## Another Nice Proof of the Derangements Formula

Strangely enough, a couple of days after I made my last post on a way to prove the derangements formula that I had never seen before, I came across another new (to me) way to prove the derangements formula in an article [1] by P. Mark Kayll in Mathematics Magazine from earlier this year.  It involves an an integral representation for the number of derangements $D_n$ on $n$ elements:

$\displaystyle D_n = \int_0^{\infty} (t-1)^n e^{-t} dt.$

(Kayll gives this as a special case of a more general result that says that the number of permutations with a specified set of fixed points can be represented by $\int_0^{\infty} R_{\tilde{G}}(t) e^{-t} dt$, where $\tilde{G}$ is the complement of $G$ in the complete bipartite graph on $n$ elements, and $R_G(t)$ is the associated rook polynomial for $G$.)

I’m going to prove this by showing that the integral representation satisfies the derangements recurrence $D_n = (n-1)(D_{n-1} + D_{n-2})$.  Let $R_n = \int_0^{\infty} (t-1)^n e^{-t} dt$.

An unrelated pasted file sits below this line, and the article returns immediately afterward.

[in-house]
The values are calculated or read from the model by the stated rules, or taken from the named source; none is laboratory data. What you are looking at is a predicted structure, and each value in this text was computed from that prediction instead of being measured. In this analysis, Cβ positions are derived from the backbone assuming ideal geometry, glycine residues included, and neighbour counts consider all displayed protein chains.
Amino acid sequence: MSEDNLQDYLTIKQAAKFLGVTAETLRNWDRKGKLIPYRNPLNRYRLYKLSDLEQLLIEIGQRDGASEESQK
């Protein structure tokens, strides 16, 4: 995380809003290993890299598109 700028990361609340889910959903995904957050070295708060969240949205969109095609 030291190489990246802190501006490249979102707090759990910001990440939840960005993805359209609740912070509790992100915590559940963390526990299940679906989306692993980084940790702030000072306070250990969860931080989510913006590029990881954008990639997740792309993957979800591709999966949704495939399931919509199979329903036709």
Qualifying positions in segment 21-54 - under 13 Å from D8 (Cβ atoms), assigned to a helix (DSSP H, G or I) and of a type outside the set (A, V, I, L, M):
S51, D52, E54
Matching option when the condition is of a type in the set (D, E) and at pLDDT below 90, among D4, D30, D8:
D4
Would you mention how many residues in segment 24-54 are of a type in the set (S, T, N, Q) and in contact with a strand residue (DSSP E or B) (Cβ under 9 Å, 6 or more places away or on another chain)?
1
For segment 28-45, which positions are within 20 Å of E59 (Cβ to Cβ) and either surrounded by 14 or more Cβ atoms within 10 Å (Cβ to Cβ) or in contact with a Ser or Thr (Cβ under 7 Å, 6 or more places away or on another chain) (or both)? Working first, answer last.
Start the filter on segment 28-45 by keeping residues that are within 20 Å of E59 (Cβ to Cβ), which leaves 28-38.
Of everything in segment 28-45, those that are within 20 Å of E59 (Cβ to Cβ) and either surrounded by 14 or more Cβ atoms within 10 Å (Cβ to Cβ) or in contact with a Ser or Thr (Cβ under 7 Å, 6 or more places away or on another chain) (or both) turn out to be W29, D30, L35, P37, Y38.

Proving the integral formula for $D_n$:
Integration by parts yields
$\displaystyle R_n = (-1)^n + n R_{n-1} ,$

which gives us a recurrence for $R_n$.  Applying this recurrence again with $R_{n-1}$ yields

$\displaystyle R_n = (-1)^n + (n-1)R_{n-1} + R_{n-1} \\ = (-1)^n + (n-1)R_{n-1} + (-1)^{n-1} + (n-1)R_{n-2} \\ = (n-1)(R_{n-1} + R_{n-2}).\\$

Since $R_0 = 1 = D_0$ and $R_1 = 0 = D_1$, the integral representation is established.

Proving the derangements formula from the integral representation:

We have

$\displaystyle D_n = \int_0^{\infty} (t-1)^n e^{-t} dt \\ = \int_0^{\infty} \sum_{k=0}^n \binom{n}{k} (-1)^k t^{n-k} e^{-t} dt \\ = n! \sum_{k=0}^n \frac{(-1)^k}{k! (n-k)!} \Gamma(n-k+1) \\ n! \sum_{k=0}^n \frac{(-1)^k}{k!}.$

(I added this argument to my answer to “I have a problem understanding the proof of Rencontres numbers.”)

References

1. P. Mark Kayll, “Integrals Don’t Have Anything to Do with Discrete Math, Do They?Mathematics Magazine 84(2): 2011, 108-119.
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